I remember the first time the space shuttle exploded in mid-air, I would've been about 25 years old. I suppose it was sad, although to be honest it had little impact on me. Some ten years later, I overheard some college students talking with each other about the event, which was seminal for them, not unlike the 1963 assassination of John F. Kennedy for people who are half a generation older than I am.
In my life, there are no seminal events like that. I remember all kinds of things - not being able to go into Detroit for a fieldtrip to Greenfield Village in 1968 because there were riots on account of Martin Luther King, Jr. having been murdered; riding back from a trip to Iowa to see my grandparents in 1969 and looking up at the moon and knowing there were men up there; Nixon resigning on television in 1975 (I still can't believe that he came a long way toward rehabilitating his image before he died); walking out of a linguistics class in 1981 in Urbana, Illinois and learning that Reagan had been shot and worrying that George Bush would be an even worse president (how innocent we were!).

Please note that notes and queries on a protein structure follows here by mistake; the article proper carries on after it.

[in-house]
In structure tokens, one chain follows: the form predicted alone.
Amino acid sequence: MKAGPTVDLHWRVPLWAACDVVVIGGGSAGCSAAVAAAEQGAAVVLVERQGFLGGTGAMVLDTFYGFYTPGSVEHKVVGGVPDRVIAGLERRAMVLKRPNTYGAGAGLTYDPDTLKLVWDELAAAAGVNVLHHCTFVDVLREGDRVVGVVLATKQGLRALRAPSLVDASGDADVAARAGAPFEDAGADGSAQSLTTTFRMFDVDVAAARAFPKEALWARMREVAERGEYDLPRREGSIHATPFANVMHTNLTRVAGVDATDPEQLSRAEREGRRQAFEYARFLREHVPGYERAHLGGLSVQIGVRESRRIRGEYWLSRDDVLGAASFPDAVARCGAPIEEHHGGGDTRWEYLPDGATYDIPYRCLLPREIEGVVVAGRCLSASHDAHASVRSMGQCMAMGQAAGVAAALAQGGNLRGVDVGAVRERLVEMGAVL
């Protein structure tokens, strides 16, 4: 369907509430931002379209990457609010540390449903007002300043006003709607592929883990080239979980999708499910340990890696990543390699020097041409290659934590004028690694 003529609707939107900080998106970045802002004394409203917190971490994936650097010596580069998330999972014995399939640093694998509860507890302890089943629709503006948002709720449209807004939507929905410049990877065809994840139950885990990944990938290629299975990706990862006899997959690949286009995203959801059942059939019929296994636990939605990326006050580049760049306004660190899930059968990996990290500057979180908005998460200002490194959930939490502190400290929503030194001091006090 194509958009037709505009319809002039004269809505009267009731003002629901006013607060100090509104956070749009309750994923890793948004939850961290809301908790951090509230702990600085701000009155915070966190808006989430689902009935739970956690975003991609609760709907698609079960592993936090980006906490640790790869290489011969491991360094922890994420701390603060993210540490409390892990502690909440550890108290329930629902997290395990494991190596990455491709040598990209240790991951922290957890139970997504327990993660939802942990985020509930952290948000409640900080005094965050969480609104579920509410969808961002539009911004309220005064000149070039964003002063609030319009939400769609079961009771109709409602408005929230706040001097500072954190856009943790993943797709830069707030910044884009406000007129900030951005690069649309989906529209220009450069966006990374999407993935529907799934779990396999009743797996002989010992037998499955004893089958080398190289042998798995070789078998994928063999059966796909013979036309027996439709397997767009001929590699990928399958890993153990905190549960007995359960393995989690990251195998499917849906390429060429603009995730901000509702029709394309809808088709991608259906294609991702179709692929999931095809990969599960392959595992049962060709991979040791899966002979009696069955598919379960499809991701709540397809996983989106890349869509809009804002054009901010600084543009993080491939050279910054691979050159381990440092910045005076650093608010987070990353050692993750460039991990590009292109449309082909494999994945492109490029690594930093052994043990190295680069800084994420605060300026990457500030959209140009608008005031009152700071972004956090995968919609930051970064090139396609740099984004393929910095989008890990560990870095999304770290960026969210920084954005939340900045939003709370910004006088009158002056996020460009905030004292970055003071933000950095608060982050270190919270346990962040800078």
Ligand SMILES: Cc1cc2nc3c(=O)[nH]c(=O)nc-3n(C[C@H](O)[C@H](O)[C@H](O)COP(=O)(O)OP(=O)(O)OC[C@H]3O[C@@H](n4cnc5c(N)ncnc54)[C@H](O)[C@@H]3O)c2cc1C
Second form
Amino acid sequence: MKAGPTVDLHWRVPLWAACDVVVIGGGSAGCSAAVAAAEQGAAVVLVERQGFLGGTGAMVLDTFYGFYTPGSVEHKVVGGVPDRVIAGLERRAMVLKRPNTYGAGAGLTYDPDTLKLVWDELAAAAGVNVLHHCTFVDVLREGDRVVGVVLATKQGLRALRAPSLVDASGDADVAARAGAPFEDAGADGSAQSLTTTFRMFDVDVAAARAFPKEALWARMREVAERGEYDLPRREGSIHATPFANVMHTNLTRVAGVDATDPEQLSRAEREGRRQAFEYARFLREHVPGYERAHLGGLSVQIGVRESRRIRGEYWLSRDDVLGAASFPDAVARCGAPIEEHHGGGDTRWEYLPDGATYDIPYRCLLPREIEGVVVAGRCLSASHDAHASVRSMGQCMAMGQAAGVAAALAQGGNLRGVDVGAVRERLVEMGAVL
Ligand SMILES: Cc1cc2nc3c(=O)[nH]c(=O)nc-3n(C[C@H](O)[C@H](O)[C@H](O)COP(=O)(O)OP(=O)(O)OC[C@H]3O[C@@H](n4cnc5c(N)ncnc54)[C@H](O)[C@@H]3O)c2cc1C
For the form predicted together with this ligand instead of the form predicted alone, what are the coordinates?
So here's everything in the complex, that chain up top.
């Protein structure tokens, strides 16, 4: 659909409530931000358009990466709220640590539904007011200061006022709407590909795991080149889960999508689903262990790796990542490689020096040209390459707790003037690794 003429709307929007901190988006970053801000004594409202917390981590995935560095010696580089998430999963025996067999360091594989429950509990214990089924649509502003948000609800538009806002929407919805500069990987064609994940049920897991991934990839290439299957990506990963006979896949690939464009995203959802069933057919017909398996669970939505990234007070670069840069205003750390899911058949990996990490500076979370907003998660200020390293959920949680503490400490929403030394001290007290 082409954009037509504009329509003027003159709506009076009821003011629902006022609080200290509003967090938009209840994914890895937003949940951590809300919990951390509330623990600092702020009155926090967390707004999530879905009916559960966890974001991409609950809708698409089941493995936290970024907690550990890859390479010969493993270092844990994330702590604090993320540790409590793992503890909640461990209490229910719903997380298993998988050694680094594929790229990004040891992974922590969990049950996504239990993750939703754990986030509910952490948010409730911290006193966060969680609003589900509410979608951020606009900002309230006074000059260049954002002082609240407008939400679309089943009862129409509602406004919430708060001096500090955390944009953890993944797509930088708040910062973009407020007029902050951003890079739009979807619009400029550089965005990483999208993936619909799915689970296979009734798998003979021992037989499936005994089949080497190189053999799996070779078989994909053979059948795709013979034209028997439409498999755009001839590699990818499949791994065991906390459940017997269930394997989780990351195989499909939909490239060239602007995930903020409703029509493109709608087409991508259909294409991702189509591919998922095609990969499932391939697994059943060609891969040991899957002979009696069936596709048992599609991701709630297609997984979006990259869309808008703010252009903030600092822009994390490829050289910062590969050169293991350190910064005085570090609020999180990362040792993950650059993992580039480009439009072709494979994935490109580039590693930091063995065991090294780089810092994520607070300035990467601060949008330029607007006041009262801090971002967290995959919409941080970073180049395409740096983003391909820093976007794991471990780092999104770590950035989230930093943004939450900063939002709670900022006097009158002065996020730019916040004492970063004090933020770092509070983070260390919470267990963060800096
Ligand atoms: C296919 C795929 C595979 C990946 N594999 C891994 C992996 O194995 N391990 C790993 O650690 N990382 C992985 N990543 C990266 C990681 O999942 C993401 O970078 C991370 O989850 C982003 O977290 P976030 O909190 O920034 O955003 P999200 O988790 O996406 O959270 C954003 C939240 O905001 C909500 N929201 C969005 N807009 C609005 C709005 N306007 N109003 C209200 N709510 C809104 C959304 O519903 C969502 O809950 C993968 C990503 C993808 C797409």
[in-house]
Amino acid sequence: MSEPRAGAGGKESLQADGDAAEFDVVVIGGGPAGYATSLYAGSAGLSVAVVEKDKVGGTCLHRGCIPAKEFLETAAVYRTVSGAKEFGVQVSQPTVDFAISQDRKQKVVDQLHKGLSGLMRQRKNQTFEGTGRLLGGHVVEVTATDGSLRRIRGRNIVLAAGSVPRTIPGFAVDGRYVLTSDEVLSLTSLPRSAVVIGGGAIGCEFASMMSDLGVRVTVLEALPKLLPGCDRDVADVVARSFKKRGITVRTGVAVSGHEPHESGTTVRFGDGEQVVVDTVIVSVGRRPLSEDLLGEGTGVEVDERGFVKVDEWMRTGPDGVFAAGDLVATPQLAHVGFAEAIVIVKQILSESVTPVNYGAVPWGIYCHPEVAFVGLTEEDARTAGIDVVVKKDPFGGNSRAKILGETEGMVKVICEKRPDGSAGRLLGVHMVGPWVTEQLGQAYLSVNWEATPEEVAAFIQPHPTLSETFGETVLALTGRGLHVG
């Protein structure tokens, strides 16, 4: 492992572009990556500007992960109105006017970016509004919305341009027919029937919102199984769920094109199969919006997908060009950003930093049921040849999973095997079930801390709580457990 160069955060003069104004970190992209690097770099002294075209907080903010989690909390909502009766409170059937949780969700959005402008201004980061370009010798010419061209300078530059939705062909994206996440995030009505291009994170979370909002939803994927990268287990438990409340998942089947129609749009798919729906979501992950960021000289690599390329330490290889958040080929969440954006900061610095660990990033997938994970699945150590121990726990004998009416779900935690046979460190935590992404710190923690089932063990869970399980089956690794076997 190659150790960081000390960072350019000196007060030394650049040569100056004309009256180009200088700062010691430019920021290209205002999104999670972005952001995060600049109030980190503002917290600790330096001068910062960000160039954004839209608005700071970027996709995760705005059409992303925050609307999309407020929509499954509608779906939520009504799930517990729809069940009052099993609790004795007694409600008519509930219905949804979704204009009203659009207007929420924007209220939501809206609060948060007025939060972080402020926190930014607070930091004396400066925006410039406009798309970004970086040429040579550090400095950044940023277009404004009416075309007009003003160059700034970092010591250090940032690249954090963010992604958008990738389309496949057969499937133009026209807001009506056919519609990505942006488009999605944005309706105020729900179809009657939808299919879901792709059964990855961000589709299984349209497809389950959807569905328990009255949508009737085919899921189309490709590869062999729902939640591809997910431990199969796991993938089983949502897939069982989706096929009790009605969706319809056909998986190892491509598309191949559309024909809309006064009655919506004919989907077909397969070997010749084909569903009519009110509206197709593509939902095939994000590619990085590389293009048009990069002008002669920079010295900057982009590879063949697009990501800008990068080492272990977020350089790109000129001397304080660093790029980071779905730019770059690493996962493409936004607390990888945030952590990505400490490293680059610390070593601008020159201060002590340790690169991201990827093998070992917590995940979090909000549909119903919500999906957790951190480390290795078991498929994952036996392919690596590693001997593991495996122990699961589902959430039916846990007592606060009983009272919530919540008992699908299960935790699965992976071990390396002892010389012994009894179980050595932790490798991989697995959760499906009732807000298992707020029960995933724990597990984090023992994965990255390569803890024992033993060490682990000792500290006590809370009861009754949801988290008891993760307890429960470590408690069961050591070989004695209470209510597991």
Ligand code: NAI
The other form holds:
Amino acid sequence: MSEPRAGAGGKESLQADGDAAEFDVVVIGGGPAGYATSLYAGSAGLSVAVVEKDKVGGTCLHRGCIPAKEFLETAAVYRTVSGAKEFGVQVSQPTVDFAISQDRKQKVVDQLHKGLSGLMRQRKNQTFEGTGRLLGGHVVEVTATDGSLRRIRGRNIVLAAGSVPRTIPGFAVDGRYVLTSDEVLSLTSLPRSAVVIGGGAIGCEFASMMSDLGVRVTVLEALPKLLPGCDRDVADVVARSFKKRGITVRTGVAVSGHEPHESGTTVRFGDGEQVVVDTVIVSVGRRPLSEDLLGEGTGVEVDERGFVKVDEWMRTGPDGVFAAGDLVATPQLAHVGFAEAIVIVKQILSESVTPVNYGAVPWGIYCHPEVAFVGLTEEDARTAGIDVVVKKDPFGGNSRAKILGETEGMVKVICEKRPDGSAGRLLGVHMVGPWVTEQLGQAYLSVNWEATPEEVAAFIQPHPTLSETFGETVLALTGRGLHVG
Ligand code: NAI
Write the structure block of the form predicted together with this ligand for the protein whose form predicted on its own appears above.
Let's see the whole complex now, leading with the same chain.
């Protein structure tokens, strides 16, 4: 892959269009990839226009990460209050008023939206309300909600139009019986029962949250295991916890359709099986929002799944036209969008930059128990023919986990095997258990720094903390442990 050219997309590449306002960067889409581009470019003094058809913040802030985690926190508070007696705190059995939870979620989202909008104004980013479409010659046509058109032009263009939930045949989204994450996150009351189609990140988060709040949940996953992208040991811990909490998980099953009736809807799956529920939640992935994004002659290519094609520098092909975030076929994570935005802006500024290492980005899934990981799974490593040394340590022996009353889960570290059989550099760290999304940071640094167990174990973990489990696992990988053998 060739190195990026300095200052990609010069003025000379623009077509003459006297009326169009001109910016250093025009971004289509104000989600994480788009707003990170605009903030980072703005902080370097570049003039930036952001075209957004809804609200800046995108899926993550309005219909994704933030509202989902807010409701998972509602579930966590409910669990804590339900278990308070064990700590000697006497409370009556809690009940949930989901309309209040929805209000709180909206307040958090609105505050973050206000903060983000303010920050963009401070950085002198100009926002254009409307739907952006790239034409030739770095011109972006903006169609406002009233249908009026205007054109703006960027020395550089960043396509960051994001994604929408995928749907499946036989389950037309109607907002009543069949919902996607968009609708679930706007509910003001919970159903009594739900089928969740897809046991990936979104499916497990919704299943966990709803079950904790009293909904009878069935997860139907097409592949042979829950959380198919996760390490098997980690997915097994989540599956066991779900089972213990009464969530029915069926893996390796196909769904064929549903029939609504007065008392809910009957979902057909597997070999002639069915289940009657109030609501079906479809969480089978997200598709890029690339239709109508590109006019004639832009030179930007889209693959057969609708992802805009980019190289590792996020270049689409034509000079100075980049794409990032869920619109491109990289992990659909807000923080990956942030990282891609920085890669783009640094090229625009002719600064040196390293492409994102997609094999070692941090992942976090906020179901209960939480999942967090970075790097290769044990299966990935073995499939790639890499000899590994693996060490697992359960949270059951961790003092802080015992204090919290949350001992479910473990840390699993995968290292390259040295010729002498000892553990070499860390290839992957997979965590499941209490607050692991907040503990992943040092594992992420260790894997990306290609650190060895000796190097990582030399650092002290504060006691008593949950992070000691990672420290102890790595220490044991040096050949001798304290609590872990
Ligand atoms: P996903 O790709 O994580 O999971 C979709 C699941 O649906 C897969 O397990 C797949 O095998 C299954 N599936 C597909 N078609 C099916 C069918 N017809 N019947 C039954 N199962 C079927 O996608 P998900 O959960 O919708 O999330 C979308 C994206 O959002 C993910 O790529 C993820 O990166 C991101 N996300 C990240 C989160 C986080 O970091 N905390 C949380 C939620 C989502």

But none of these events seem to have touched me, or changed me, or been imprinted indelibly either wonderfully or horribly onto my memory. I'm left cold by them, and it makes me cringe a bit to hear the latest victims of the shuttle accident described as heroes: A hero is, in the simplest terms, someone who risks his or her life to save someone elses'. Dramatic destruction so easily elicits hyperbole.
Am I a cold heartless bastard?
The Swedish phrase for the day is allt eller inget. It means all or nothing.
by Francis S.